The most interesting section of the book deals with Quran schools and religious study circles, using the case-study of Al-Huda in Lahore and giving a good profile of its founder Dr Farhat Hashmi, a Glasgow University educated female preacher who is now settled in Canada. Ammara observes that Quran schools and religious study circles (known as Dars classes) focus on application of religious teachings to everyday issues and culture practices instead of fiqh related matters such as divorce, inheritance or marriage.

She argues that preachers like Hashmi do not follow any particular fiqh (which is also a Salafi practice) or those who do follow a certain fiqh are not sectarian and do not convert followers to their particular fiqh. The important point, she is missing, is that both Deobandi and Barelvis follow Hanafi fiqh so the issue of conversion does not arise in fiqh-related matters.

However, on everyday issues or cultural practices these Deobandi schools are closer to Wahhabi fiqh and thus popularise that viewpoint as seen explicitly in a case she describes of a woman who, after her father in law’s death, was torn between two choices: to host chehlum (Barelvi practice followed by her husband family) or not to host chehlum (Deobandi practice as taught at Dars class).

Politically, the new middle-class is likely to vote for urban-based political parties. The new middle class is nationalistic and, like all middle-classes, is pro-Army. Army officer cadre these days is now drawn mostly from this new middle class instead of old middle class as was the norm during pre-Zia years. Ironically, across the border, a new nationalist middle class in democratic India which believes in an intolerant Hindutva, totally unconnected with globalised Islam phonemonen, has appeared on the scene in the last two decades.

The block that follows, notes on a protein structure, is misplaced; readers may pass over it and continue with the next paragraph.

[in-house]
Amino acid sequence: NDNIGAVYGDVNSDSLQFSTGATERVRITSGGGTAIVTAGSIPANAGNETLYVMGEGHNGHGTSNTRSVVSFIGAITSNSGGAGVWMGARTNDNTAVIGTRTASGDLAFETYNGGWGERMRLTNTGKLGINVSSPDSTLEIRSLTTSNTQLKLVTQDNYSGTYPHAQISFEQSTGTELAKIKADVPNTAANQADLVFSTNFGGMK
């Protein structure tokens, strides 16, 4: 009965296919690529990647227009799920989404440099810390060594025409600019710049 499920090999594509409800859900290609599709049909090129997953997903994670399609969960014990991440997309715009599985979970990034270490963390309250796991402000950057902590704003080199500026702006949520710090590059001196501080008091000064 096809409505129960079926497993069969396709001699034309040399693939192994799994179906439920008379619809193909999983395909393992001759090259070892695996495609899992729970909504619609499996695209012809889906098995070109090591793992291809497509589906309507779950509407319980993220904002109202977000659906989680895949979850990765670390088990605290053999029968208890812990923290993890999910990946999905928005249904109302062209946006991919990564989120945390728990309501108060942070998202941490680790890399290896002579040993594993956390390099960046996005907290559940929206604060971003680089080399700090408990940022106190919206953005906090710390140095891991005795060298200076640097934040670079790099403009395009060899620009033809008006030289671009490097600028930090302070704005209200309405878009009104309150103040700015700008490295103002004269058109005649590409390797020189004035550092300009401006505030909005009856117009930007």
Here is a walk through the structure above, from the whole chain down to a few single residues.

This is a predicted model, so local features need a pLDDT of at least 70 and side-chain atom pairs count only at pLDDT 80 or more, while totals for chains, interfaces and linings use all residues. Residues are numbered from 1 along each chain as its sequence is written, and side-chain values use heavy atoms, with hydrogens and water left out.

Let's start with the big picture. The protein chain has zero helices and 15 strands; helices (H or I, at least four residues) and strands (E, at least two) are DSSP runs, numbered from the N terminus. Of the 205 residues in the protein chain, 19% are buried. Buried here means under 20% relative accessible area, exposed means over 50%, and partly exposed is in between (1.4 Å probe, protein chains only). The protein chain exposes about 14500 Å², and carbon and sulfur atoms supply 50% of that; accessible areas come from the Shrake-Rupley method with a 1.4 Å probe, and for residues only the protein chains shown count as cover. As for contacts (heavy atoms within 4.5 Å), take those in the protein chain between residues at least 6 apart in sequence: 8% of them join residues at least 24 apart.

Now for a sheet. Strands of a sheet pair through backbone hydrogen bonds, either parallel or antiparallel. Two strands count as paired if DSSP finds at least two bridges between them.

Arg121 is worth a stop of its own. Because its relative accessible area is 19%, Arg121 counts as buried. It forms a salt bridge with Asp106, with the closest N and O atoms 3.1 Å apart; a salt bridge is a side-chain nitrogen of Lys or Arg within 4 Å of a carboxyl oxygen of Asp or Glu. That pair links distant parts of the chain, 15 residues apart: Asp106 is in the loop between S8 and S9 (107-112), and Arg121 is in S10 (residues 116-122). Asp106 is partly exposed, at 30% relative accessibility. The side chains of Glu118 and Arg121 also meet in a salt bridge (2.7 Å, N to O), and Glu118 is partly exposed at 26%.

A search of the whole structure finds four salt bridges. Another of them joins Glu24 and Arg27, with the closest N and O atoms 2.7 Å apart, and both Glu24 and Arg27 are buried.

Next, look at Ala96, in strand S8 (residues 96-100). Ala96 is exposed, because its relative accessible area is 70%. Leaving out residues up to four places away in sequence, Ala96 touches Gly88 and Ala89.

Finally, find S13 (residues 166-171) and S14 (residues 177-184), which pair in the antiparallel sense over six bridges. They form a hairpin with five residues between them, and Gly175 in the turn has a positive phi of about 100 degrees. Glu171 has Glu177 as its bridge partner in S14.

Political theory associates sizeable or large middle class with habits of self-restraint and compromise such as are generated by trade. In South Asian context, if and when a sizeable and expanding middle class, in both India and Pakistan, will spearhead the campaign for peace still remains to be seen.

The New Pakistani Middle Class
Author: Ammara Maqsood
Publisher: Harvard University Press (2017) Hardback
Pages: 208
Price: $35.15

Ammar Ali Qureshi

Ammar Ali Qureshi
The reviewer is an independent researcher based in Islamabad. He can be reached at [email protected] and tweets @AmmarAliQureshi